Have you dared to look at your 401(k) statement lately? If you have, you’re probably thinking unkind thoughts about the well-paid folks who are supposed to be managing your money.
I say it’s time to give ’em the boot---but let’s talk this through first.
Fidelity Magellan fund is a poster child for disappointing investment results. As October closed, the fund had lost 50.5 percent over the last year, according to Morningstar. That means the fund trailed the S&P 500 index by a whopping 12.2 percent over the last year. Similar disappointments prevail at other well-known funds such as Dodge & Cox Stock, American Funds Fundamental, and T. Rowe Price Growth Stock.
Mind you, this isn’t a universal event---
It’s not supposed to be this way in a bear market. Managed funds should have a slight edge over index funds when the market goes south. Why? Because managed funds typically hold a portion of their assets in cash, while index funds tend to be fully invested at all times.
The difference in cash holdings means that managed funds won’t decline quite as fast in bear markets because not all of their assets are invested. Cash holdings have the opposite effect in a bull market. Because they are fully invested, index funds have an edge in bull markets, while managed funds, burdened with cash, don’t capture the full market rise.
Note that the bear market advantage of managed funds has nothing to do with portfolio manager smarts. It’s the inevitable result of operational necessities. In spite of this bear market advantage, index funds have, yet again, beaten most of their managed competitors. And they did this in most fund categories.
At the end of the third quarter, large-cap growth, large-cap blend, and large-cap value index funds had done better than 88 percent, 76 percent, and 56 percent of their managed peers, respectively.
Similarly, a small-cap growth, small-cap blend, and small-cap value index fund had beaten 75 percent, 53 percent, and 51 percent of managed peers, respectively. Only in the mid-cap domestic stock categories had the majority of managed funds beaten their competitive index.
Nor is there any relief when you go beyond the domestic stock market. Vanguard Developed Markets Index (ticker: VDMIX, expense ratio: 0.22 percent) beat a whopping 76 percent of all managed foreign large blend funds. And Vanguard Emerging Markets Index (ticker: VEIEX, expense ratio: 0.37 percent) beat 56 percent of all managed diversified emerging markets funds.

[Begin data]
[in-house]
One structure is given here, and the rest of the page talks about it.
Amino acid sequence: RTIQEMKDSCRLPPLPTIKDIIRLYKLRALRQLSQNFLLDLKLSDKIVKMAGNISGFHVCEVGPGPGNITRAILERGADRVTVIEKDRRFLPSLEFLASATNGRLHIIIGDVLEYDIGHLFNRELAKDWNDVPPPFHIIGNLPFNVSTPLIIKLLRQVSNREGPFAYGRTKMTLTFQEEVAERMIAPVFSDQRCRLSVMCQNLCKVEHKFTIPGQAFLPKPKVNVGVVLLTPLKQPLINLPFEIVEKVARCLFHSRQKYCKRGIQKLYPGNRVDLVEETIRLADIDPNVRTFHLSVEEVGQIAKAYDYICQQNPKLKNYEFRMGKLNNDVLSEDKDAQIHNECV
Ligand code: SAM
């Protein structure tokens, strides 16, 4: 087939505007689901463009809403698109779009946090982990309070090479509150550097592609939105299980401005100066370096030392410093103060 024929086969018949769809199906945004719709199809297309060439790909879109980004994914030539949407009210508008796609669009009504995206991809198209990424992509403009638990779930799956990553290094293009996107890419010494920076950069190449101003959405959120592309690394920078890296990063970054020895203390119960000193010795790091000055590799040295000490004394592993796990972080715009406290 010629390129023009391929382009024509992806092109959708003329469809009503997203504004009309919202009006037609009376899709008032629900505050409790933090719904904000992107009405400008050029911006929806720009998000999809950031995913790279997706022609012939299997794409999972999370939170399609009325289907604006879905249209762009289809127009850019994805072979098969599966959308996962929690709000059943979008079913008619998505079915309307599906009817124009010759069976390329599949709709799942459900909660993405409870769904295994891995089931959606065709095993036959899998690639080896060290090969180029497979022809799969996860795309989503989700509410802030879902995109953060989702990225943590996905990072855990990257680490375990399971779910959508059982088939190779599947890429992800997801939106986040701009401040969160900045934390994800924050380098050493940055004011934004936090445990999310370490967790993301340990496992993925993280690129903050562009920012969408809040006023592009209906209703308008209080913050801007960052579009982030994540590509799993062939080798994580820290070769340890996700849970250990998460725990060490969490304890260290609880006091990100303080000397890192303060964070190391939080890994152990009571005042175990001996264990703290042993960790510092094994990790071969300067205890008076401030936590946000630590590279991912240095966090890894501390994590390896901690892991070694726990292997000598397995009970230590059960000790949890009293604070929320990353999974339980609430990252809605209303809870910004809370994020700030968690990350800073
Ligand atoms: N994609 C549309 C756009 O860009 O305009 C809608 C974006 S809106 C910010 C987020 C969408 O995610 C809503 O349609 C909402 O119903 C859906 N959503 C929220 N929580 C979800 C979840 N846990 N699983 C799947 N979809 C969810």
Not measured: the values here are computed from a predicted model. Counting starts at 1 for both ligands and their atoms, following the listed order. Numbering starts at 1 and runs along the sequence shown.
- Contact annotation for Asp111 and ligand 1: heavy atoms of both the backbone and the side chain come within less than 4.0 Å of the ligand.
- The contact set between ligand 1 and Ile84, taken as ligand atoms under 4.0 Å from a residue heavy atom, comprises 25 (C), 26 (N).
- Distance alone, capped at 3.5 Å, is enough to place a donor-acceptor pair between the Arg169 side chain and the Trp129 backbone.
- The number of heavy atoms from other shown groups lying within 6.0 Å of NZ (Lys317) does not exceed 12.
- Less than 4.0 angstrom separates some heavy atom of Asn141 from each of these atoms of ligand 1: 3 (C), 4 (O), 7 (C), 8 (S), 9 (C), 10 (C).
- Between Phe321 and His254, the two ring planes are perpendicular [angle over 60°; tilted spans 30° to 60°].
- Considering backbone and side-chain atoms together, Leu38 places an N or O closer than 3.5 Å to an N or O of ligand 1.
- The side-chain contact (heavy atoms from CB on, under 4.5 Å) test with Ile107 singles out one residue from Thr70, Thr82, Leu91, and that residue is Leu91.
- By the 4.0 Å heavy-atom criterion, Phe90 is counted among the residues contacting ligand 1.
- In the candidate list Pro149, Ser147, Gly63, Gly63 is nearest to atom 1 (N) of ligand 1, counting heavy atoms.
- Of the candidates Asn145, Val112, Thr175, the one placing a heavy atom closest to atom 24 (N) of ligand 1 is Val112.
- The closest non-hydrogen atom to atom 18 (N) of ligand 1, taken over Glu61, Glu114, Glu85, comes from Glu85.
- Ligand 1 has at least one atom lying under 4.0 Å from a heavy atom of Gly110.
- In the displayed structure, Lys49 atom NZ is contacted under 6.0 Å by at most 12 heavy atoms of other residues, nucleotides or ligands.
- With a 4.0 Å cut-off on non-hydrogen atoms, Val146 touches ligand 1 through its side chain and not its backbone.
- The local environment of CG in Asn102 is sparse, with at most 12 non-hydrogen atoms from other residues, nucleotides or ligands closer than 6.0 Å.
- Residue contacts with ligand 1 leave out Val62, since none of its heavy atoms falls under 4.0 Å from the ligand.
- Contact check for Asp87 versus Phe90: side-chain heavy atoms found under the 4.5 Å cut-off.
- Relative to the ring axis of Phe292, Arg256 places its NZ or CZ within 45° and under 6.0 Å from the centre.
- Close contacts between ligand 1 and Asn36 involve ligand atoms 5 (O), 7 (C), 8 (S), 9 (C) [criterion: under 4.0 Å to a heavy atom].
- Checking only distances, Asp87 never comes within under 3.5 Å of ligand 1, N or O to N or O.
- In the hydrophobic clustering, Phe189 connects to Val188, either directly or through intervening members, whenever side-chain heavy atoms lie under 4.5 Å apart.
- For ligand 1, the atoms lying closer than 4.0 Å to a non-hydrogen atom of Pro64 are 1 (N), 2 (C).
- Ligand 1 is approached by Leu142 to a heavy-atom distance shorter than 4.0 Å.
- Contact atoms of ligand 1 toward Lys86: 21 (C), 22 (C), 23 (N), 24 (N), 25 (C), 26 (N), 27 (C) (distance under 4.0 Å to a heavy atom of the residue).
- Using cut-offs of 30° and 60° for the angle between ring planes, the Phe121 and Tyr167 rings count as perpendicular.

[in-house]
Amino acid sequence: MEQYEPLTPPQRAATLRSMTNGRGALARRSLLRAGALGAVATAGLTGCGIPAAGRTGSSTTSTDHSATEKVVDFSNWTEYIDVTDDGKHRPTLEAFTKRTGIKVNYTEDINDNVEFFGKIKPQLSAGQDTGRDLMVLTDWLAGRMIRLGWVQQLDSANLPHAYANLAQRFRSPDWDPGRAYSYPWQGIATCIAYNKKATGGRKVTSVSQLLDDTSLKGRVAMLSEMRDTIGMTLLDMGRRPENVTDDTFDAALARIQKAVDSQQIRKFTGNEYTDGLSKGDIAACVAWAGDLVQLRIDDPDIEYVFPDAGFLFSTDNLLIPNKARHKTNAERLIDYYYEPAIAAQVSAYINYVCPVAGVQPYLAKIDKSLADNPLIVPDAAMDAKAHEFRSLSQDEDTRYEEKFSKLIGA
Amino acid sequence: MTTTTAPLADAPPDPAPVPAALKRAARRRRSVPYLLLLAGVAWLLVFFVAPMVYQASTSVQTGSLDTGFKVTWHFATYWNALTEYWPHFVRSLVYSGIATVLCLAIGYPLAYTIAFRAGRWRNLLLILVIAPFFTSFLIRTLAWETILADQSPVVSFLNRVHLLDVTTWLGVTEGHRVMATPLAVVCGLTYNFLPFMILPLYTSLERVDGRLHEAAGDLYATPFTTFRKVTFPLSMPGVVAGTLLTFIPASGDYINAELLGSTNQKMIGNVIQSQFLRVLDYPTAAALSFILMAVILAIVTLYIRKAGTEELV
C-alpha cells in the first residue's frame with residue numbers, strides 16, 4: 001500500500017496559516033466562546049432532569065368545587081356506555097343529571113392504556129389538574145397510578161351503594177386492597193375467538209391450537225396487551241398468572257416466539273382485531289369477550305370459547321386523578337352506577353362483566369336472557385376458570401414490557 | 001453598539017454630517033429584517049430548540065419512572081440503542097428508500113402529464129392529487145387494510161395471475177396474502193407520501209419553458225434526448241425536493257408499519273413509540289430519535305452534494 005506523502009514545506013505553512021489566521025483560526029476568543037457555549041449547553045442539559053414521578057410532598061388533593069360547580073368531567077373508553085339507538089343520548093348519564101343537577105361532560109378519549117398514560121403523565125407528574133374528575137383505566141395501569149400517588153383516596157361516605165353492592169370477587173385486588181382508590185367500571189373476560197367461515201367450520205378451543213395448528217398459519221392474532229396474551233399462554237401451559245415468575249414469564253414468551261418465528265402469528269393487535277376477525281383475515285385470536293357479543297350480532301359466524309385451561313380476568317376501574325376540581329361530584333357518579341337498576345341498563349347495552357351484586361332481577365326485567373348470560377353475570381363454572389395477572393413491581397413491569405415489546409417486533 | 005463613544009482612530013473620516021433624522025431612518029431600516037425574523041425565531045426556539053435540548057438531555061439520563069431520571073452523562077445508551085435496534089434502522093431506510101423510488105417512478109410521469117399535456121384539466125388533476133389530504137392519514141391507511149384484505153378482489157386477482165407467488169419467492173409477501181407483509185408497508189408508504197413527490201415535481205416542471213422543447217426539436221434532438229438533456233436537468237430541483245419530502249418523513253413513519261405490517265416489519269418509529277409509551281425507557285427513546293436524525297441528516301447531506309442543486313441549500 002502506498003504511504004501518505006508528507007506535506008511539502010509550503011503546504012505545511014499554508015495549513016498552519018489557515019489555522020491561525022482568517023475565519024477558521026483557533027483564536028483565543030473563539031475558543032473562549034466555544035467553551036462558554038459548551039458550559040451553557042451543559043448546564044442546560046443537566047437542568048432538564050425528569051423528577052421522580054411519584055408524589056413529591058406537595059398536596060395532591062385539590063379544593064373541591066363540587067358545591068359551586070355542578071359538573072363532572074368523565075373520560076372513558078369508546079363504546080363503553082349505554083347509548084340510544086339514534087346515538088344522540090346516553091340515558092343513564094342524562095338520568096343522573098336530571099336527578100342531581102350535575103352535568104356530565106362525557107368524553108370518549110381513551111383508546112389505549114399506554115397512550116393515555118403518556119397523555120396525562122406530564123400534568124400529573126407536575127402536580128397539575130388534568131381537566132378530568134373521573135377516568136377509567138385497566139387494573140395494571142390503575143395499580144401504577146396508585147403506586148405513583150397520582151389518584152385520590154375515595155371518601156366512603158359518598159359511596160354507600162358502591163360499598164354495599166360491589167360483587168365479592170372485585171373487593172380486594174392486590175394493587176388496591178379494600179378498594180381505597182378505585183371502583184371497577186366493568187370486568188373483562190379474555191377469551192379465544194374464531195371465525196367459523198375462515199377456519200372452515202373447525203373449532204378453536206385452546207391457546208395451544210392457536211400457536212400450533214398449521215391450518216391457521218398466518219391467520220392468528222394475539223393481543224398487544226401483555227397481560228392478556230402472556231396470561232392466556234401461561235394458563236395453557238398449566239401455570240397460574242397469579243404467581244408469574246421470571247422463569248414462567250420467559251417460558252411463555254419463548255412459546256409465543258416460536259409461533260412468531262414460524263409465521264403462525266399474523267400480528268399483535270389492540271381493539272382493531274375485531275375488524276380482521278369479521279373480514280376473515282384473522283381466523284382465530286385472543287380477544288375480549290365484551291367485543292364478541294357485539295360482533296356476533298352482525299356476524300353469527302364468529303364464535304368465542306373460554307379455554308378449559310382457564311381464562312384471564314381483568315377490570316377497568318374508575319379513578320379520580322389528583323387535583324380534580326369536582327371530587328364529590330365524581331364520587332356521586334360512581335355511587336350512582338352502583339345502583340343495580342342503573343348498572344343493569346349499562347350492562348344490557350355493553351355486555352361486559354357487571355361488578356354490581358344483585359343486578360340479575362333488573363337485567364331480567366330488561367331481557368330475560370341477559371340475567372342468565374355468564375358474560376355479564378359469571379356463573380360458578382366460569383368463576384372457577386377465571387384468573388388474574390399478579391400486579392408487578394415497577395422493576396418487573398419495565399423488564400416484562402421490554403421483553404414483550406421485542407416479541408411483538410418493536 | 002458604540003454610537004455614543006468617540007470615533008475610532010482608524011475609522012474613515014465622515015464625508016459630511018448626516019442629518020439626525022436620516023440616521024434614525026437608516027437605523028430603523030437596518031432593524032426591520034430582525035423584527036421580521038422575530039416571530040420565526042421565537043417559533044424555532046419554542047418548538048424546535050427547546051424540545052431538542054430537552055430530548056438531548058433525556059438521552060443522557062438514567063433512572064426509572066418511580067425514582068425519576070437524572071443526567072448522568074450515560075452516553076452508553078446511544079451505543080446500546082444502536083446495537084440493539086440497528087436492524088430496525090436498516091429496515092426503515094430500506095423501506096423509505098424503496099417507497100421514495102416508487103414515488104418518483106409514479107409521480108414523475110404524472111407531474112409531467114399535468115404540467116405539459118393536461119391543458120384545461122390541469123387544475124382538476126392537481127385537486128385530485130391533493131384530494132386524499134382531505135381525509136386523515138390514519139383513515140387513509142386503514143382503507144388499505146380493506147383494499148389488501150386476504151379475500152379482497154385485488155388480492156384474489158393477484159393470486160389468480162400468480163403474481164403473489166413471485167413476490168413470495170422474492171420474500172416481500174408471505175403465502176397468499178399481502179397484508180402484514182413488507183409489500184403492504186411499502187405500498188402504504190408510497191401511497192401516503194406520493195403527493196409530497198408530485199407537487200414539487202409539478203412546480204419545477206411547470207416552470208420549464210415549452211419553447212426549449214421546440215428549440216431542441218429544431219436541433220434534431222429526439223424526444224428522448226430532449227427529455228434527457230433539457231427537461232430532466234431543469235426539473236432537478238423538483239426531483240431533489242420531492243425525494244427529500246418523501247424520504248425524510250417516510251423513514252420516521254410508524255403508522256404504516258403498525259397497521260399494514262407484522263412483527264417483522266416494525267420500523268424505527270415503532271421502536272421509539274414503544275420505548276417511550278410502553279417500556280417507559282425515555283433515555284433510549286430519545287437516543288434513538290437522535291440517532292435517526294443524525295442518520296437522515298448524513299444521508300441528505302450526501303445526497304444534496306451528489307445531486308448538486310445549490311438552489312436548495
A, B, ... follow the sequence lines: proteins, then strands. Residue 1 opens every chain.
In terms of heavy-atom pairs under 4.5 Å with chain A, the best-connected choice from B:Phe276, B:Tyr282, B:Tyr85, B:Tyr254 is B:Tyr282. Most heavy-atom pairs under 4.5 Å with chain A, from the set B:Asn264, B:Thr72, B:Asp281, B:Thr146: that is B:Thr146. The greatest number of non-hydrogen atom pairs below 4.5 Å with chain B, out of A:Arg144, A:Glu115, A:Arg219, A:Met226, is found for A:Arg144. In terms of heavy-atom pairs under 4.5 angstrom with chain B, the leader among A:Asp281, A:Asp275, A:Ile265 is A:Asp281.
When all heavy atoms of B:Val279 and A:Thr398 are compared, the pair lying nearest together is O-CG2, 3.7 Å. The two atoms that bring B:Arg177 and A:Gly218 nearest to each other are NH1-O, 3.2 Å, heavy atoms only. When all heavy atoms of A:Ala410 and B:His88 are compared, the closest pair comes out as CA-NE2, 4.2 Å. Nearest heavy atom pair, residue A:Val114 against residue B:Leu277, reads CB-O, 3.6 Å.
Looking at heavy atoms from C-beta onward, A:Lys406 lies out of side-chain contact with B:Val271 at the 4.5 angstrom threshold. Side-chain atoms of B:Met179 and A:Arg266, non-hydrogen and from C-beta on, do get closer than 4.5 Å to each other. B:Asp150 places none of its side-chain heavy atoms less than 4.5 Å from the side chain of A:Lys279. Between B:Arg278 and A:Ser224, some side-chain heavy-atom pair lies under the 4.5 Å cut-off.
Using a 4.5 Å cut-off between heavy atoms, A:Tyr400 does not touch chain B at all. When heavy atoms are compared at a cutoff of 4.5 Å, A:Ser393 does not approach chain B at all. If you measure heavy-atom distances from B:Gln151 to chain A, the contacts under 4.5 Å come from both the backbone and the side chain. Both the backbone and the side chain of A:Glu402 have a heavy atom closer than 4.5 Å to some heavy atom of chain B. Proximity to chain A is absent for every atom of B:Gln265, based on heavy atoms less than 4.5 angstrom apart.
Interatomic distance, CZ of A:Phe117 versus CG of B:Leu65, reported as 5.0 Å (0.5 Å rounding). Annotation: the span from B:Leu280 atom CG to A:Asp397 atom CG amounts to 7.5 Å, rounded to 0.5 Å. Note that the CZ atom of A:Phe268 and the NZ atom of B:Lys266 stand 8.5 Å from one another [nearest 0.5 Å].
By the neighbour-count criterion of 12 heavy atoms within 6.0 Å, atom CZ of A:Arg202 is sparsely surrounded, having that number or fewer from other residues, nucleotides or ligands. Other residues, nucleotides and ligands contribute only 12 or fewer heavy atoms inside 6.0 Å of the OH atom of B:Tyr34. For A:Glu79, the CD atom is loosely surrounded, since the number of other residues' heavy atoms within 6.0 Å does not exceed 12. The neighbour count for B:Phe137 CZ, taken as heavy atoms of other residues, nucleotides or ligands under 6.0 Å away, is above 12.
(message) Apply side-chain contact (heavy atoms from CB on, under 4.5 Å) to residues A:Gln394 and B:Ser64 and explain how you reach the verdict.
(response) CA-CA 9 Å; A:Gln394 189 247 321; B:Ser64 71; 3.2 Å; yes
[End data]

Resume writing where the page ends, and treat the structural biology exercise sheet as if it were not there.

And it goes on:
But if Fidelity Magellan failed against both an index and its managed peers, Vanguard Balanced Index (ticker: VBINX, expense ratio: 0.19 percent) represents the opposite pole. This humble fund, which invests 60 percent of its assets in the total domestic stock market and 40 percent in the total domestic bond market, has done better than 87 percent of its managed competition over the last 12 months. (This fund is no slouch over longer periods as well. Over the trailing 3, 5 and 10 year periods it has beaten 83, 77 and 67 percent of its competitors, respectively.)
While the losses we’ve all experienced are exceptional, this should not blind us to a possible balm: Collectively, we’re wasting billions of dollars every year on expensive managed mutual funds. Management fees, plain and simple, are seldom money well spent.
I was not aware of this when I started writing about investing 40 years ago. But every bit of research since then and regular examinations of practical data points to the same conclusion.
Portfolio managers, on average, are not able to beat a simple index.
They may be loved by their mothers, a delight to their friends, the life of every party, and a source of pride and contributions to their alma mater--- but the raw, recurrent truth is that 70 percent of them fail to beat an index. Equally important, there is no proven way to select the ever-changing 30 percent who do beat their index from time to time.
The definition of insanity is doing the same thing over and over, but expecting different results.
So I’d like to offer an early New Year’s resolution. Demonstrate your sanity. Give your overpaid managers the boot.